28 November 2009


1st Sunday of Advent
Lk 21:25-28; 34-36

The new liturgical year begins with the gospel about the end of the world. Strange! Does the Church want to frighten us? Should we cow in fear?

Indeed the picture of the end times that the gospel today paints for us is horrifying. But it is not intended to scare or intimidate us. Instead, the Church wants to remind us of what we often forget: Be prepared! Indeed, we should be prepared for the coming of that day when the world ends so that when it is here, we can stand erect and hold our heads high, as Christ admonishes us today. If we prepare for His final coming, we can stand with confidence before the Son of Man. The antidote to fear of Jesus’ glorious return at the end of time is to be prepared for it.

The last stroke of time is the first blow of eternity. As the flags of all nations are brought down from their poles, the flag of the kingdom of Christ the King is hoisted above all of creation. Not tragedy but liberation – this is how Jesus sees the end. In His view, the end of the present order is a prelude to the perfect order that the new heavens and the new earth shall bring. The final coming of Jesus is certainly not comic, but it is also not tragic. It is liberating. With all of creation, it is our final liberation.

However, like the prophets who appeared before Him, Jesus draws a horrendous picture of the future to influence what is happening in the present. He does not want fear to paralyze us; rather, He wants to strengthen us and spur us to action. The real purpose of speaking about the last days is to be able to say something about today – we must be vigilant. And since the future is determined by those who have shared responsibility in forming it, we, indeed, must remain awake and alert to what is happening in the present. Tomorrow begins right where we are now.

The gospel today encourages us to do two things that are really difficult to combine: to be realistic about the way things are going in the world and to never lose hope in the future. Difficult indeed! Rather often, the danger is this: we see very clearly the horrors – take, for example, the recent tragedy brought upon us by the twin super typhoons Ondoy and Pepe and the unspeakable, diabolic Maguindanao massacre – so much so that we may lose even the slightest vision of any reason for us to continue hoping. Thus, we need Jesus very much to convince us about the future that is truly liberating. Although our gospel today comes from the final discourse of Jesus to His disciples during the Last Supper, it is His entire life --- from birth in a manger through death on the cross – that is the best way of Jesus to convince us about the perfect freedom that the future brings with it.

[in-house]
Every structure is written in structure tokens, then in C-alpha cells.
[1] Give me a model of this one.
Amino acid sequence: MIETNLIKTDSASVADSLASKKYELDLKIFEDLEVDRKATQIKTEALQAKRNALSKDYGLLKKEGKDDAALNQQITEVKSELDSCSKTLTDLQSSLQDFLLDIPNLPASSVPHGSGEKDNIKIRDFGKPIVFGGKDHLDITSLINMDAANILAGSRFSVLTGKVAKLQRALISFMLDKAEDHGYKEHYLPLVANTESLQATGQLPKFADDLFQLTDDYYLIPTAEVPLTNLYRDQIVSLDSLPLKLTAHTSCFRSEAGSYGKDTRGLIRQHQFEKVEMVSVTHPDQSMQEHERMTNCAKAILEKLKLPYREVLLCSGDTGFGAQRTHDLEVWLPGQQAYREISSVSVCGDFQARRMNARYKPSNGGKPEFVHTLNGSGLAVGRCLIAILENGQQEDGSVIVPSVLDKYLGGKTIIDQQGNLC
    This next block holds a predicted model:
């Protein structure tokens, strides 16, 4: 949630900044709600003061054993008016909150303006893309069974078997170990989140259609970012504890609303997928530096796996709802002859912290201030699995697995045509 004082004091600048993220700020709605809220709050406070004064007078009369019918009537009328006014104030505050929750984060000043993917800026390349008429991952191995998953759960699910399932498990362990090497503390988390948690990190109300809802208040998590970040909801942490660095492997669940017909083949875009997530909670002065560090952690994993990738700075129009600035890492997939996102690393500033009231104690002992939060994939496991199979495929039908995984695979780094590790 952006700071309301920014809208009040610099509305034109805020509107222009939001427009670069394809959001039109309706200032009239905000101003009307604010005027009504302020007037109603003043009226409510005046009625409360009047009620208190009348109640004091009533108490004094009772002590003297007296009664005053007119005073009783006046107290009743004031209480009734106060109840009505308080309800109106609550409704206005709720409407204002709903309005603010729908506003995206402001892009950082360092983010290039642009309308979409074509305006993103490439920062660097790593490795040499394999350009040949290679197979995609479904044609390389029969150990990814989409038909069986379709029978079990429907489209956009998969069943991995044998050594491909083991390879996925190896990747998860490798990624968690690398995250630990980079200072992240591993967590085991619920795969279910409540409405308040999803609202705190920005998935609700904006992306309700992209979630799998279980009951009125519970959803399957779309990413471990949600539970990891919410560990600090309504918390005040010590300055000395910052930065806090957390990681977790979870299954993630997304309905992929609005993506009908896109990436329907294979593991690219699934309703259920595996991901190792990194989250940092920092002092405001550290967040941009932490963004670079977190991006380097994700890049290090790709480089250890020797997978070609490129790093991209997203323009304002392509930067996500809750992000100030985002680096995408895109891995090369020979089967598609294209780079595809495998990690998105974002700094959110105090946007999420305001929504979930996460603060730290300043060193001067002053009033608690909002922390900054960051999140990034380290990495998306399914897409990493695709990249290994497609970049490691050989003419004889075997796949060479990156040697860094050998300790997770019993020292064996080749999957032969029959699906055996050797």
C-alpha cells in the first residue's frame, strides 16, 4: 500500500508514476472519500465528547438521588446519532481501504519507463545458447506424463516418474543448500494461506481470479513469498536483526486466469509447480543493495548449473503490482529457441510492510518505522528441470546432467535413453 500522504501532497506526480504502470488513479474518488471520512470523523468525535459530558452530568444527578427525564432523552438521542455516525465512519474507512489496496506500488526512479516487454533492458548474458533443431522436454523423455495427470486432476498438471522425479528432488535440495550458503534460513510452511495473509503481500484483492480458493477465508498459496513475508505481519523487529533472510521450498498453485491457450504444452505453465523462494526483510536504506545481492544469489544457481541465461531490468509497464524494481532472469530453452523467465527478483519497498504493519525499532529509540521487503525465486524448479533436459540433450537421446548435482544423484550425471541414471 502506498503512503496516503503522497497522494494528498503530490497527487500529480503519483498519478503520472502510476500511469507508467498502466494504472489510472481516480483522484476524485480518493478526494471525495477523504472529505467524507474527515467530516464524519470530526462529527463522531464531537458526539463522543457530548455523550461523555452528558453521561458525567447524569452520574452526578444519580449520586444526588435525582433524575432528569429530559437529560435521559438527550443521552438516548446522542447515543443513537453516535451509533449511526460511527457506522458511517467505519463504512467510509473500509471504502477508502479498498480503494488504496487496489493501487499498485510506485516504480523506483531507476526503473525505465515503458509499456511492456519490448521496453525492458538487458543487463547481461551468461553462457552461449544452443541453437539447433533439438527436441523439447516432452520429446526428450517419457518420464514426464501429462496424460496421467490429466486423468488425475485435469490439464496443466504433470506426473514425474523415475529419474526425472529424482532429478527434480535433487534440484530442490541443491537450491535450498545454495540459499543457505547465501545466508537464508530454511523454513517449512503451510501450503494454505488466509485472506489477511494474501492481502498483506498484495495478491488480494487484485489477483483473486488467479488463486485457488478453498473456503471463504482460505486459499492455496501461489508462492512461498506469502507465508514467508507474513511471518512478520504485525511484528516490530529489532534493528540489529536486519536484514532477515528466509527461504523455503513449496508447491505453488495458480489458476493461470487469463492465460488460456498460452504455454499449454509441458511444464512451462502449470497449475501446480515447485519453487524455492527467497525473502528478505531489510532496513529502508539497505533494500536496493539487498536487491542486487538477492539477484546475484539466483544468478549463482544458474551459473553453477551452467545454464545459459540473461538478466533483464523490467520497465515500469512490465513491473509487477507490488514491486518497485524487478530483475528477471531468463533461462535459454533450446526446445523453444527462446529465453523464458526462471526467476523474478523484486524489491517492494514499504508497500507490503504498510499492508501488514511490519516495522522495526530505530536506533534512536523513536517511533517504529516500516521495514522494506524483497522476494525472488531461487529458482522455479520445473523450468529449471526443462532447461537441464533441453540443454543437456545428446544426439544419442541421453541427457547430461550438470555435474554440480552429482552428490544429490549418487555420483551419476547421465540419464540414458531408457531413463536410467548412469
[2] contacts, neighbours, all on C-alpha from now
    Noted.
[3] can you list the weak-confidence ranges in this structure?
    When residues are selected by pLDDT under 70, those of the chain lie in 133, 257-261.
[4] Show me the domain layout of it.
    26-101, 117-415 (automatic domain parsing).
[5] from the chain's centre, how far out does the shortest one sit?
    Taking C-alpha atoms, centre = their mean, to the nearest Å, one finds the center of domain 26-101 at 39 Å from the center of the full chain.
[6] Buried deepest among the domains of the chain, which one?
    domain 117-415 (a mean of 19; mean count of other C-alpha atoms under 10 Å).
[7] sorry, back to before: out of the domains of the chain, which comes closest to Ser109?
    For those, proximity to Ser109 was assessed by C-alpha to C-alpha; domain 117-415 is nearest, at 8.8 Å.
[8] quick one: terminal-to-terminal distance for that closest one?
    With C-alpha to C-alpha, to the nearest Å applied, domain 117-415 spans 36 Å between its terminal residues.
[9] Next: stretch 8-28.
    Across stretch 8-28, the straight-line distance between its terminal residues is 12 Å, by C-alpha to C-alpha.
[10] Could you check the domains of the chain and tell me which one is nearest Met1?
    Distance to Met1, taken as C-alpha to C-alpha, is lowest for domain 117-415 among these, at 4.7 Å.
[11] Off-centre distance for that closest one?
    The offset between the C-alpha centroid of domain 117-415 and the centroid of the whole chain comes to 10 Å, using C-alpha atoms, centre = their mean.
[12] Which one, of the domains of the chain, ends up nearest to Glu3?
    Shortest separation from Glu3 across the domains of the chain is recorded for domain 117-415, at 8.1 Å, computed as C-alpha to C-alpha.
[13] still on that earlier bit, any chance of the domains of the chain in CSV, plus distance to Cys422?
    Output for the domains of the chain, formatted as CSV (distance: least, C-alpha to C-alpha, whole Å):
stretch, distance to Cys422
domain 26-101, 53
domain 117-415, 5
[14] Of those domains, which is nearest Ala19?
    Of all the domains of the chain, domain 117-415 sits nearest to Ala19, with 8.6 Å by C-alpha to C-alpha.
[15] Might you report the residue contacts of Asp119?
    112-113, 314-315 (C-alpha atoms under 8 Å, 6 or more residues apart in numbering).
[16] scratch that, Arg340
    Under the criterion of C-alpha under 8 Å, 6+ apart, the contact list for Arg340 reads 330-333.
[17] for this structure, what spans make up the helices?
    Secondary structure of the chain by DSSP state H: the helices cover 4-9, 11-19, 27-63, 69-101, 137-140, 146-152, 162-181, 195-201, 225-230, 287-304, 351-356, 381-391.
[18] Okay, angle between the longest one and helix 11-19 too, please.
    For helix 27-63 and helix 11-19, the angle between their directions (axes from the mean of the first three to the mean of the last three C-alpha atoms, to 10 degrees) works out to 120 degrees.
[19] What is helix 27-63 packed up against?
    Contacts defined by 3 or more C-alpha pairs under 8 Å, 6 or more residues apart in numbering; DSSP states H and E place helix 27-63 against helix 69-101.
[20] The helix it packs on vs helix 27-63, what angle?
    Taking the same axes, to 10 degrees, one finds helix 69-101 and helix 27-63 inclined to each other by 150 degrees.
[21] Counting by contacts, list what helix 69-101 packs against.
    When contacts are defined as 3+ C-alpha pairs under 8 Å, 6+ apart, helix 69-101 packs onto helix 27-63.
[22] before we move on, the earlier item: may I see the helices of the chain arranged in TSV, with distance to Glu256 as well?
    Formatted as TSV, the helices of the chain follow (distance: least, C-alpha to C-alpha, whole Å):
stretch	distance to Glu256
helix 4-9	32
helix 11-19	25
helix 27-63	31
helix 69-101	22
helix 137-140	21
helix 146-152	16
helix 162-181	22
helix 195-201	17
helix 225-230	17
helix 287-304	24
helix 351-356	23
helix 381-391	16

This is one of the many blessings of Advent: we do not need to live hopeless. And, indeed, with the recent tragedies in our nation, we, Filipinos certainly need this blessing. Now more than ever, we need this season of hope. We need Advent to remind us and to convince us that we truly need not live hopeless. All we need is to remember the story of Jesus. We likewise must tell His story over and over again – both through words and actions. Making His story our story, His life our life, His loving our loving, too. And the memory of that love will provide us the reason we need to keep on hoping. The future has hope only because we are convinced of God’s actions in the past. We must keep on making that past present again, not by simple reminiscing or by addictive nostalgia but by living our lives as Jesus showed us how. In doing so, we retell the story of God’s love for us – a love that is both tender and tough, a Father’s love that is quick to affirm but not slow to discipline.

This story of God’s love for us in Christ Jesus begins with every Advent. We need to be reminded of the love of God. We have to check the record to assure our selves. Then, we see how wide, how great, how deep, and how strong the love of God for us is as we look on His greatest and priceless gift for us – His own Son, Jesus. Unless we fix our eyes on Jesus, we have no reason to hope.


At 12:44 PM , Anonymous Anonymous said...

to be realistic about the way things are going in the world and to never lose hope in the future. -very true inspirational for all - THAT'S RESILIENCE.


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